Starchy opportunity for 'ugly' potatoes
Four Australian potato growers, including The Mitolo Group, Zerella Fresh, Thomas Foods International Fresh Produce and the South Australian Potato Company, are collaborating to turn their waste vegetables into new products, starting with research into building a starch industry in South Australia. The three-year project will target potatoes rejected from supermarkets for being too ugly, and will provide $1 million funding to find new homes for the cast-offs.
“Potato starch is used broadly across the food industry, from bioplastics and packaging to coatings and adhesives. We also want to use the waste from the waste, so after extracting the potato starch, there will be further opportunities using the residual waste from this first stage,” said Robbie Davis, Chief Executive of Potatoes South Australia, which is also partaking in the project.
It is estimated that 100,000 tonnes of potatoes are discarded as waste because they fail to meet rules on size, shape and colour. Despite this, Australia imports approximately 20,000 tonnes of potato starch each year. The Adelaide-based national Fight Food Waste Cooperative Research Centre is also partnering with the project, with the University of Adelaide’s Professor Vincent Bulone taking the lead from the analytical centre for complex carbohydrate analysis, Adelaide Glycomics.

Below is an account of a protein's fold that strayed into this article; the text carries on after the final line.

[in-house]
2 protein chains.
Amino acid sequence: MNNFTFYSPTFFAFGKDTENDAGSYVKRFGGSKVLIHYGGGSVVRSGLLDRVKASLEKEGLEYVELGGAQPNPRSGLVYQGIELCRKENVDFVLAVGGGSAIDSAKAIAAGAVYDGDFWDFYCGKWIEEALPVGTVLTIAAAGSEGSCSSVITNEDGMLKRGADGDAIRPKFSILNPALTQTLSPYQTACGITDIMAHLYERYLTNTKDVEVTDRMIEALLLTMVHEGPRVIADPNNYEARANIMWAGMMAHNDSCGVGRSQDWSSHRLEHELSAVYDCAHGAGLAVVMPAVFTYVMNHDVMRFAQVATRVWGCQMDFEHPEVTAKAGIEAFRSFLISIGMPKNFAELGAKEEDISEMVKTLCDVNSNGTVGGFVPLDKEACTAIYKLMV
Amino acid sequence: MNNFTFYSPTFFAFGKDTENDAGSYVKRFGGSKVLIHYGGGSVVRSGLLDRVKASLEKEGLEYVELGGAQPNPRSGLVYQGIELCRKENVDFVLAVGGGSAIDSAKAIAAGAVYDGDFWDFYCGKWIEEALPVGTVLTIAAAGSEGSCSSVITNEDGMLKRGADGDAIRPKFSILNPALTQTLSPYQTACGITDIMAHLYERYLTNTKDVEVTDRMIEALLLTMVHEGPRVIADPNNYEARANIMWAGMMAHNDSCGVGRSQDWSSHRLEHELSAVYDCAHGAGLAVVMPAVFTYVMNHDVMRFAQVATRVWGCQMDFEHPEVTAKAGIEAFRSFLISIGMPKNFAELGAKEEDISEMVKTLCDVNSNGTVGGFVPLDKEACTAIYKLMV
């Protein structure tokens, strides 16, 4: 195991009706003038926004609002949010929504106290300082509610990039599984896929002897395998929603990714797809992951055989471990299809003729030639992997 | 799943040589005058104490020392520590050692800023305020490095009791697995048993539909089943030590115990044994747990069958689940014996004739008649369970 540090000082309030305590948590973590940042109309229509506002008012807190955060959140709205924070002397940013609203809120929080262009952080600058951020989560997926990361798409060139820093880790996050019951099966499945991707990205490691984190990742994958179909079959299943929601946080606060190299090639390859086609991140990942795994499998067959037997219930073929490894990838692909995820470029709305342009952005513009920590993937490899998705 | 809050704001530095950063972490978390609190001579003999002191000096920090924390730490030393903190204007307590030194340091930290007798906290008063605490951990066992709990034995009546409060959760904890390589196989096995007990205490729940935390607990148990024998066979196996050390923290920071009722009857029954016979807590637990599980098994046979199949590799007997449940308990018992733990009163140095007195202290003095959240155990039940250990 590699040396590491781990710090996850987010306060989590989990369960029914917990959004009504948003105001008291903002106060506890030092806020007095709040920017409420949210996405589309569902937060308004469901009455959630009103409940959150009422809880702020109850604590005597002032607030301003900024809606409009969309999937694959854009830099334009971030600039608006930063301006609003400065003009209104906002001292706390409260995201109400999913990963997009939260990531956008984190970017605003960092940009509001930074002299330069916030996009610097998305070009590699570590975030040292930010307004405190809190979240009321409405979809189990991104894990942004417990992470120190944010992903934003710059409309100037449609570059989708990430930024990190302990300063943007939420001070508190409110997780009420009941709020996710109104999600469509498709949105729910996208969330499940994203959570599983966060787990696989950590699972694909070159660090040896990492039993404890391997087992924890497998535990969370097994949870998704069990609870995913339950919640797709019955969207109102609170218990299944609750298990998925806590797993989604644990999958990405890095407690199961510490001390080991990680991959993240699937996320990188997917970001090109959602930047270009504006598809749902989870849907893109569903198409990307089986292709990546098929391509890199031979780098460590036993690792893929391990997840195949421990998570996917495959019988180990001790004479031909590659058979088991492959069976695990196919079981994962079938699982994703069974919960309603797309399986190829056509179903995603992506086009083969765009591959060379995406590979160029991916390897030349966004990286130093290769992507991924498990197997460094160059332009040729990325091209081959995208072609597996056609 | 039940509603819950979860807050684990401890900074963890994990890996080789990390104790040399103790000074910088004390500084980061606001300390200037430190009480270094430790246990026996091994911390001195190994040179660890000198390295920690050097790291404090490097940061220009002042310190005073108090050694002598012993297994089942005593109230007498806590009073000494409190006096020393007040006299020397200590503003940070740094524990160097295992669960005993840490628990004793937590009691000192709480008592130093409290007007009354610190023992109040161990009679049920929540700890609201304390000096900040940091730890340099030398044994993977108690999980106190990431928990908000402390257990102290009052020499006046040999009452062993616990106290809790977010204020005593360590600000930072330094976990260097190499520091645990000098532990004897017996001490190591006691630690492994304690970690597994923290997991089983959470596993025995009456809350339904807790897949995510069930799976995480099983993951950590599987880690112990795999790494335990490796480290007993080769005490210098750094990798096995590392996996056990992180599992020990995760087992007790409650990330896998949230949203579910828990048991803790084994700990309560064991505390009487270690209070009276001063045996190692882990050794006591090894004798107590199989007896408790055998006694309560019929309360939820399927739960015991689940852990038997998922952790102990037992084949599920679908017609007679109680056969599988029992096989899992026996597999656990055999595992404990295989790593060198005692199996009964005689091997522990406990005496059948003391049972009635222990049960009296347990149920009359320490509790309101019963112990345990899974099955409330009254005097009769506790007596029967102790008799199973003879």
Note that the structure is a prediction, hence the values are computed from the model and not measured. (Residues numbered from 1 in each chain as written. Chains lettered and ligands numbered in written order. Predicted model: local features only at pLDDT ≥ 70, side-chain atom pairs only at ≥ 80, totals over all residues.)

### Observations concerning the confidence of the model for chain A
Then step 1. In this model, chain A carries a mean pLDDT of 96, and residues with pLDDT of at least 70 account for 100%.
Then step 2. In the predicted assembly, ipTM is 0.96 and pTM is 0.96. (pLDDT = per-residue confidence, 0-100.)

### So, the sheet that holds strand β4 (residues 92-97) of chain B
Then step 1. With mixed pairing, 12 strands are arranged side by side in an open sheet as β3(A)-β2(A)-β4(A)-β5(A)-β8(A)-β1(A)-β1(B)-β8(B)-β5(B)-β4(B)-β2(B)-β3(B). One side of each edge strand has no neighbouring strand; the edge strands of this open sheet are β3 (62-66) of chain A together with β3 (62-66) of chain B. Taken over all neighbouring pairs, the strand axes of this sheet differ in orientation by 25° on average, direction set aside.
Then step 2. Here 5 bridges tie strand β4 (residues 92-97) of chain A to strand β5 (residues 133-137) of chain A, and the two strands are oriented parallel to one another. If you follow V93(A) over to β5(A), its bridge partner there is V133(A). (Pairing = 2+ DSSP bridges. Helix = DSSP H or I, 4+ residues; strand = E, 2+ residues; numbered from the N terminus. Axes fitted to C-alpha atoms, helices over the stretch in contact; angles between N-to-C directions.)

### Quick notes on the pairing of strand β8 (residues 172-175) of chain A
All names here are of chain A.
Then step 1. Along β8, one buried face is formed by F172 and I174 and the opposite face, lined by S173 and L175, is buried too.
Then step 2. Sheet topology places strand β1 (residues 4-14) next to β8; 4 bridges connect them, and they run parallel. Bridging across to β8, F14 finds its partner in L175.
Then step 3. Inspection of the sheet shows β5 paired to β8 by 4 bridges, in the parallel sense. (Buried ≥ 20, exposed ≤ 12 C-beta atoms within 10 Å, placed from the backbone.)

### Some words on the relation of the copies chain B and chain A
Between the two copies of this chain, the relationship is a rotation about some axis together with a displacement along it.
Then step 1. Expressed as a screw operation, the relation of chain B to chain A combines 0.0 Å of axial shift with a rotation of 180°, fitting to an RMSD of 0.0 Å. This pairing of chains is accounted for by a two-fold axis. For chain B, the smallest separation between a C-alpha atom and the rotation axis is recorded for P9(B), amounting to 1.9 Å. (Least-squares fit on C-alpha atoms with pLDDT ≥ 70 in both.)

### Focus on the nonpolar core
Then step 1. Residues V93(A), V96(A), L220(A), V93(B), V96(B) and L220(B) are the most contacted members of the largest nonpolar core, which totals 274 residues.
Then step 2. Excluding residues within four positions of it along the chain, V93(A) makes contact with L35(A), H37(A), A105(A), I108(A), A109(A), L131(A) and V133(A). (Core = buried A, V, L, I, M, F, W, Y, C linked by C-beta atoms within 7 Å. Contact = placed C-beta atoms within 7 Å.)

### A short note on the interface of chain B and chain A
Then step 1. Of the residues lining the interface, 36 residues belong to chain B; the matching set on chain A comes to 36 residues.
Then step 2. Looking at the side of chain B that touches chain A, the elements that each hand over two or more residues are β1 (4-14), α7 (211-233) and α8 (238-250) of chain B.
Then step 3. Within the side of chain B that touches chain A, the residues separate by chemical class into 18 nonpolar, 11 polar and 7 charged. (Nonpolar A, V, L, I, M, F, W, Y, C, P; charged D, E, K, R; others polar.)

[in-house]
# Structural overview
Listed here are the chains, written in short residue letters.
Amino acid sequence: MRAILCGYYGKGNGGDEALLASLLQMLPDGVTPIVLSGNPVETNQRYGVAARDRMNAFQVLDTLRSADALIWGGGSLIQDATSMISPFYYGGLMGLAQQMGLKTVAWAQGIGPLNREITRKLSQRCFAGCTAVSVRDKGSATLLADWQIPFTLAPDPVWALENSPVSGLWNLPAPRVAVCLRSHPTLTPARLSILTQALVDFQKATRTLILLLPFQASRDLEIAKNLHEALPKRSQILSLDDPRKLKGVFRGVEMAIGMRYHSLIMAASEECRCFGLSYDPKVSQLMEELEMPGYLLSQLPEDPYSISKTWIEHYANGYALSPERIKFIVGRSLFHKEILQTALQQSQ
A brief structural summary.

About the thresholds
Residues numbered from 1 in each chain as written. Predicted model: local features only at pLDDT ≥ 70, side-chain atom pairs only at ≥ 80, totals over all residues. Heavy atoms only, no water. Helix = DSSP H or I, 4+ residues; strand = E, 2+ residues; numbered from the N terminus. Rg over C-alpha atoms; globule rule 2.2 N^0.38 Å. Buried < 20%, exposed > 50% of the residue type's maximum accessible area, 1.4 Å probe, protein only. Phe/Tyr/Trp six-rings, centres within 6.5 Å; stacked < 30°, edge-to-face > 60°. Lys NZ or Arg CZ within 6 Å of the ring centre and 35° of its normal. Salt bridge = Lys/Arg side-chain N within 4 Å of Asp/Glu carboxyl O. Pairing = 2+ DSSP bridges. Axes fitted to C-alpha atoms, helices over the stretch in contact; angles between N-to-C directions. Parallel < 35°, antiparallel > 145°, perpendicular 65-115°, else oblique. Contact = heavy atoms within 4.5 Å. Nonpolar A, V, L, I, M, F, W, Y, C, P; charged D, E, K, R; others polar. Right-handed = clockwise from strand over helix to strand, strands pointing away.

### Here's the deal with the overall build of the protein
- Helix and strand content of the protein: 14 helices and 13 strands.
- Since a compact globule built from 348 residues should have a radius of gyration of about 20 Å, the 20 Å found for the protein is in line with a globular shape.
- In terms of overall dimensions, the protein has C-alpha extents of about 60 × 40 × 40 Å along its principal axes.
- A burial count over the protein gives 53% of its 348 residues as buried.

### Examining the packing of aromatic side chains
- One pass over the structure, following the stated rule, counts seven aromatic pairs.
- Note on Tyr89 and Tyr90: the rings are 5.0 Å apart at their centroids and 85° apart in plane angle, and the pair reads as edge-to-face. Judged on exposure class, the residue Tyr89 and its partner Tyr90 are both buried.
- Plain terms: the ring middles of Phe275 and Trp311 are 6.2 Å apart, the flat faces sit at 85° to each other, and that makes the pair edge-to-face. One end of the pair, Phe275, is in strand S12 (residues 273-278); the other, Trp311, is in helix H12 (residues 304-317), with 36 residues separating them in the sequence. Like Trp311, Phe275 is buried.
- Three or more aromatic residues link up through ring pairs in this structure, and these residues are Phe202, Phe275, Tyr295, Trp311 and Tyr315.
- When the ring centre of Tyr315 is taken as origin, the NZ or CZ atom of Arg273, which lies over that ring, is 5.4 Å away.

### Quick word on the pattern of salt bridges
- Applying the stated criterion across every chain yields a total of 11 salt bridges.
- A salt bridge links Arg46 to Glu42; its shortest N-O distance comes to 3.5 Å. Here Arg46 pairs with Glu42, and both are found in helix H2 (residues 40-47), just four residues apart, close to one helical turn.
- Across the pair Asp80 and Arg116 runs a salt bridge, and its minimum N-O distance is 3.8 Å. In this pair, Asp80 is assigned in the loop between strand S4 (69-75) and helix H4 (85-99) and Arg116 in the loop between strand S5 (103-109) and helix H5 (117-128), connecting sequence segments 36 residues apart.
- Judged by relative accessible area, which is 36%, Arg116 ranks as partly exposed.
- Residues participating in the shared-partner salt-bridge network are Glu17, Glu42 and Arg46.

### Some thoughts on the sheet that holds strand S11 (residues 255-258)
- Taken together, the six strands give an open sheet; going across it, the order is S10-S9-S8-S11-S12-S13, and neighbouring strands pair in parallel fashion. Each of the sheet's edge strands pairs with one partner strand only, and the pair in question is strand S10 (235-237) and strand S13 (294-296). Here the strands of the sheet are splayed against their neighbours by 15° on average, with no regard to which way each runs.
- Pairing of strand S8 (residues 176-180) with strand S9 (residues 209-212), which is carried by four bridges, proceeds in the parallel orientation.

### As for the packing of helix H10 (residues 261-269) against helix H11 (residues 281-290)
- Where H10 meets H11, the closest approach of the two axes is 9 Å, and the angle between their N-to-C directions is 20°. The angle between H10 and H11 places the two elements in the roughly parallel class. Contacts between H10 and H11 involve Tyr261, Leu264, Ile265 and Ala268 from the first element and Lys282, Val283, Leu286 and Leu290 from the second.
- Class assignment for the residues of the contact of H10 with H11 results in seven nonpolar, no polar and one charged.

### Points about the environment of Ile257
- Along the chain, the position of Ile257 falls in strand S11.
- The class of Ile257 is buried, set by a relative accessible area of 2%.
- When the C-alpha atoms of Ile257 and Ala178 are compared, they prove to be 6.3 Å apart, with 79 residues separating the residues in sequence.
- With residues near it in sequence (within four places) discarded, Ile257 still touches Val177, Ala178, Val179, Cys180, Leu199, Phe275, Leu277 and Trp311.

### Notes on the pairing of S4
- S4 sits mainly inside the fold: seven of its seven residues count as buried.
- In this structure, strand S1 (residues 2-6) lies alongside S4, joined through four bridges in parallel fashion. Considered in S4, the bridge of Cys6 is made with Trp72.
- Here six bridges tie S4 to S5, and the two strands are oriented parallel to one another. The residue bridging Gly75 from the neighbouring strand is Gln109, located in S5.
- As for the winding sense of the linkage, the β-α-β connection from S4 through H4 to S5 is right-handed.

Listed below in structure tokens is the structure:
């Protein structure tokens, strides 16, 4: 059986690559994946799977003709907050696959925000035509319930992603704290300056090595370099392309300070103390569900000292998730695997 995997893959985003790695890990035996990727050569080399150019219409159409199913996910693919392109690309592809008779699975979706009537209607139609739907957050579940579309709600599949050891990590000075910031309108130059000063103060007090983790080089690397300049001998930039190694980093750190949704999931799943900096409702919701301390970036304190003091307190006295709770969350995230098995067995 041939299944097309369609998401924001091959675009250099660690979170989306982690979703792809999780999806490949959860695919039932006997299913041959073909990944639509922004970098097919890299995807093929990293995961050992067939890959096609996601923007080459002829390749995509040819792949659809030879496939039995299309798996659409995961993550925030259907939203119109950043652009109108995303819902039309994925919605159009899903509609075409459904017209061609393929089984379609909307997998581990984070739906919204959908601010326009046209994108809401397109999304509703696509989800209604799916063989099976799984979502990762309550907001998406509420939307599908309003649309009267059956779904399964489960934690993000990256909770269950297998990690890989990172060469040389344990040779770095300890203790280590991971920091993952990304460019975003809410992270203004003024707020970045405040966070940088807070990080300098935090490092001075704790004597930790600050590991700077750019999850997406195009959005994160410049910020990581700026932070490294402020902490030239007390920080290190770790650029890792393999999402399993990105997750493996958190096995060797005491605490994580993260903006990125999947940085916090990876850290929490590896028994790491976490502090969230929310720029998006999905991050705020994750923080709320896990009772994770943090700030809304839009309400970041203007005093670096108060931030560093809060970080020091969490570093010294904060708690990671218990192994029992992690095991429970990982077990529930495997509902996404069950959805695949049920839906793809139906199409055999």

“There are different forms of starch in potatoes than can be used in different products. For example, existing research suggests the less digestible starches in potatoes, the so-called resistant starches, can be used to make superior prebiotics that help prevent infections,” said Professor Bulone.
According to researchers, potato skins could be used to engineer low-GI foods, as they contain bioactives that can be used for a range of commercial products like nutraceuticals — products made from food but deemed to have extra health benefits alongside their existing nutritional value.
The project follows the launch of the Research Consortium for Agricultural Product Development in 2019, with $4 million in state government support. The research consortium aims to increase the value of agriculture waste and build new industry — its early projects include isolating and identifying anthocyanins from apples and berries for use in skincare formulations. Another project is exploring ways to use waste brussels sprouts to replace glass fibres in filtration systems and plastic.
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